Blog

4 Operational Tasks Critical to your Staffing Company's Success



When you think of the “business of staffing,” what primarily comes to mind is recruiting talent and finding customers with which to place them. But as any staffing company owner or manager knows, the business of staffing is much more complicated than that (as if recruiting and sales weren’t complicated enough!).

In the staffing industry, it takes more than just successfully recruiting and placing employees to have your staffing company meet your goals. With any business, owners also take on operational duties such as payroll, taxes, insurance, and more. These operational tasks can have just as big of an impact on your balance sheet (if not more so) than sales if not given their proper attention and due diligence.

1.    Tax Compliance.
There’s a reason they say that the only two guaranteed things in life are death and taxes. There’s no getting around paying taxes, and changes in the tax code can have a major impact on your bottom line in the form of increased taxes or penalties (including interest) if you’re not properly prepared.  

One big change involves the Affordable Care Act. It’s important to keep abreast of deadlines, reporting requirements and more to ensure you’re in compliance and avoid penalties. While this is one of the more highly publicized issues, there are others that are not as widely discussed.

For example, if you conducted business in California, Connecticut, Indiana, Kentucky, New York, North Carolina, Ohio or the Virgin Islands in 2014, you may be in for an unpleasant surprise. These states had FUTA credit reductions for not paying back their FUTA loan or obtaining an exemption. For business owners, that means an increase of anywhere from 1.2 to 1.7% for their Federal unemployment tax liability. Unemployment wage bases will also change from year to year, and state to state.

The other side of the tax compliance issue is tax credits. One of the last acts of Congress at the end of 2014 was to extend the Work Opportunity Tax Credit (WOTC). This is great news for staffing company owners who hire individuals from certain groups who have consistently faced significant barriers to employment. This one-year extension allows taxpayers to claim this credit on their 2014 returns.

It’s unknown if the WOTC will continue to be extended, but it’s important to stay abreast of any tax credit opportunities that may benefit your staffing company.

2.    Risk Management & Worker’s Compensation
Injuries on the job can be a costly expense. That’s why it’s critical to have a solid worker’s compensation program in place to ensure your business is covered in the event of a claim. Your operational profile, risk management program, and loss history are the three main aspects of your business that can impact your ability to get underwriting quotes.  

OSHA has determined that staffing companies and their customers are jointly responsible for ensuring safe working conditions for temporary employees. Your overall risk management plan should include comprehensive insurance coverage for all areas of your business, written safety procedures that are used for training all employees, and customer contracts that cover safety issues.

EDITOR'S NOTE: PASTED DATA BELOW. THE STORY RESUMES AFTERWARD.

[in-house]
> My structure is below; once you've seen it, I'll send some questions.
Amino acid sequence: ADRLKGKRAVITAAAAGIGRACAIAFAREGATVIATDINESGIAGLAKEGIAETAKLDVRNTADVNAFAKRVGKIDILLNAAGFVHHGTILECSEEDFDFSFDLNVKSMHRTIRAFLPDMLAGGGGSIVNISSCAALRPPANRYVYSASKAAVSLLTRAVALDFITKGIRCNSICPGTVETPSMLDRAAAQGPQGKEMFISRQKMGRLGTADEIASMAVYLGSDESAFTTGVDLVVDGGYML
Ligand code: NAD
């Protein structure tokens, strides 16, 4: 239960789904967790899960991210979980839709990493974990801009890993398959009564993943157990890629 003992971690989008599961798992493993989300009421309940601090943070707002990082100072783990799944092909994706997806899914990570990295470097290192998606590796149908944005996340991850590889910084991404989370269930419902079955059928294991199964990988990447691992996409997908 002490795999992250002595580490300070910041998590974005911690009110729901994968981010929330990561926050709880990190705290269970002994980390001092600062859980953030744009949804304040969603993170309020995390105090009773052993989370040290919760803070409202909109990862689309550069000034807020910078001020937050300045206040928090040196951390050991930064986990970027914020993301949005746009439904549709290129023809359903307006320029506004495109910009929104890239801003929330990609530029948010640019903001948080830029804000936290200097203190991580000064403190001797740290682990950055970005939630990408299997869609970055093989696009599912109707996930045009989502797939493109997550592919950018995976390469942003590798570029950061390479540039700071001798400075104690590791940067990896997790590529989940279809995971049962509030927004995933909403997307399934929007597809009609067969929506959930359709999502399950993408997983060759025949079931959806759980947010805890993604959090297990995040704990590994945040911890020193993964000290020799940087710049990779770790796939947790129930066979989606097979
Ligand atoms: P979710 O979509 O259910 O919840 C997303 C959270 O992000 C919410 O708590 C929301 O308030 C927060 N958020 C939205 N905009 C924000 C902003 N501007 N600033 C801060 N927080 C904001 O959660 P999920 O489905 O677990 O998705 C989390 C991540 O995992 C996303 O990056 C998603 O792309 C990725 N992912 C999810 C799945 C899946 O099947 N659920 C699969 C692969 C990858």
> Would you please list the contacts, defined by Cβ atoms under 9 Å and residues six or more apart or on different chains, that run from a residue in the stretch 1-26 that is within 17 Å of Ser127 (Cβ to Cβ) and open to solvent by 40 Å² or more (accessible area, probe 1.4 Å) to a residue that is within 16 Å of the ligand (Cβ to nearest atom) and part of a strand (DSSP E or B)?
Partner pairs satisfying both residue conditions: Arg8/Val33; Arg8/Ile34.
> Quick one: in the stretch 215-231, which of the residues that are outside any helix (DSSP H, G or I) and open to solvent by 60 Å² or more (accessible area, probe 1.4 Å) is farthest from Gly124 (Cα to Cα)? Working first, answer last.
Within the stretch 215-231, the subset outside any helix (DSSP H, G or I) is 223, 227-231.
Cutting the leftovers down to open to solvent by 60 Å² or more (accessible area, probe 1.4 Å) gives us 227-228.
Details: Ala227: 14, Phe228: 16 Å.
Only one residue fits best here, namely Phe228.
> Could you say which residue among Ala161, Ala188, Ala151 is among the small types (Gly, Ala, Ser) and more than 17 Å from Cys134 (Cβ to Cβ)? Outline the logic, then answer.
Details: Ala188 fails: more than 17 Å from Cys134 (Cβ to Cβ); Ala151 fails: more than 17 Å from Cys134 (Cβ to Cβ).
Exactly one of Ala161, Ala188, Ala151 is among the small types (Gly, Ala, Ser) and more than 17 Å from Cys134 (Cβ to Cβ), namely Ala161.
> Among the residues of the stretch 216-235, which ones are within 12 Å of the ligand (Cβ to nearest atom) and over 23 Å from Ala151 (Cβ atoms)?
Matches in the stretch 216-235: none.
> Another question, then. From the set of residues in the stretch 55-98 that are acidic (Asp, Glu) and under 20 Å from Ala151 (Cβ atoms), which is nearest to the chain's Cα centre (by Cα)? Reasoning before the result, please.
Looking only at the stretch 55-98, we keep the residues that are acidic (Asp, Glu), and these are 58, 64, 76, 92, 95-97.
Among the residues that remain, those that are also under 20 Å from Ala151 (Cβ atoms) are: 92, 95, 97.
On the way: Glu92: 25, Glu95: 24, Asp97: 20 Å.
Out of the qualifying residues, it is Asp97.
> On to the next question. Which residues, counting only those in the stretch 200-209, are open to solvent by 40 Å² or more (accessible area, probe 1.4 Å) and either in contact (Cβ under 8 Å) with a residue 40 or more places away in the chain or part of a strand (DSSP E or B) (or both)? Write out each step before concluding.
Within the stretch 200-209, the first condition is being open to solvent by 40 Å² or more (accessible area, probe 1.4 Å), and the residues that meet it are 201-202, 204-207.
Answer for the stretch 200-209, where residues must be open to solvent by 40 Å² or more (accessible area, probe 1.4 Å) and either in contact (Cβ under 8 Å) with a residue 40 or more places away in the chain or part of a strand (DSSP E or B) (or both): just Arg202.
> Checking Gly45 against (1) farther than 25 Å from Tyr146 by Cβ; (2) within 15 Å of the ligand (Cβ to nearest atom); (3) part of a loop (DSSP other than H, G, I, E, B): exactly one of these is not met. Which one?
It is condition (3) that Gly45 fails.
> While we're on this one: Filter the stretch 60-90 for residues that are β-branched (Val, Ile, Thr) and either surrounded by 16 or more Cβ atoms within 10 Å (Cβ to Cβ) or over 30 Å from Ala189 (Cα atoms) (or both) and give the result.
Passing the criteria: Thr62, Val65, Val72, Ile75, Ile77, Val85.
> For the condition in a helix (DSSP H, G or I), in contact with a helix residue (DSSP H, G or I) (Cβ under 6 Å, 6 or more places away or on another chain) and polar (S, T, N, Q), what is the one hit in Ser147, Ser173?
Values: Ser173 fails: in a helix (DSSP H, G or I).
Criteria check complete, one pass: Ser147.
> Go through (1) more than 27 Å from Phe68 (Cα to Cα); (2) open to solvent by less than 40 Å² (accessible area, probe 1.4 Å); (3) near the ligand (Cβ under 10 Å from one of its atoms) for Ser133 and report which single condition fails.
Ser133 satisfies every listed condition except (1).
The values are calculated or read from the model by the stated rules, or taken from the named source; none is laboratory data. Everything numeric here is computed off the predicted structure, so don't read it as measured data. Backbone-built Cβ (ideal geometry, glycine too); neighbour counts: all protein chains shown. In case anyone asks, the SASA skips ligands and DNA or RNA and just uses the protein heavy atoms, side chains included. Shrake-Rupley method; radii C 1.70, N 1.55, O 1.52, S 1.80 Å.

3.    Invoicing and Portfolio Management
No one likes to see an error on an invoice. It raises issues of trust and accuracy for the customer and can cause payment delays. Depending on how you fund your staffing company, payment delays could result in additional fees or interest on your line of credit. Ultimately, the faster your accounts receivables are paid, the better it is for your bottom line.

In addition, a strong portfolio management program can also help ensure your customers pay in a timely manner. By carefully looking for and identifying warning signs, it allows you to follow up and start conversations with your customer before a payment is delayed.

4.    Funding
Funding is the lifeblood of a staffing business. Ultimately, you need to pay your employees in a timely manner to keep them happy, and in turn, continue to do a good job for your customers. Your funding source can impact your staffing company in a myriad of ways: through their rates and fees, but also through how they extend credit. Having the funding in place can determine if you’re able to take advantage of a big sales opportunity. You may be able to get the employees in place, but if your funding provider is hesitant to extend your credit, then you may not be able to pay those employees.

How your funding is structured can also make a huge difference on your bottom line in terms of extra fees, clearance delays, how their rate is structured, and more.

While staffing is primarily a business of sales, it’s still a business. With that business comes operational tasks that don’t have to be a burden if you’re fully informed, prepared, and aware of their impact on your bottom line.

You can find information about many of these items by visiting www.tricom.com. Tricom actively researches legislative and tax changes state by state, and post updates as they are confirmed. We also have other resources for vetted industry partners, informative webinars, tax tables by state, and more.  
 

Add new comment

Plain text

  • No HTML tags allowed.
  • Web page addresses and e-mail addresses turn into links automatically.
  • Lines and paragraphs break automatically.
Close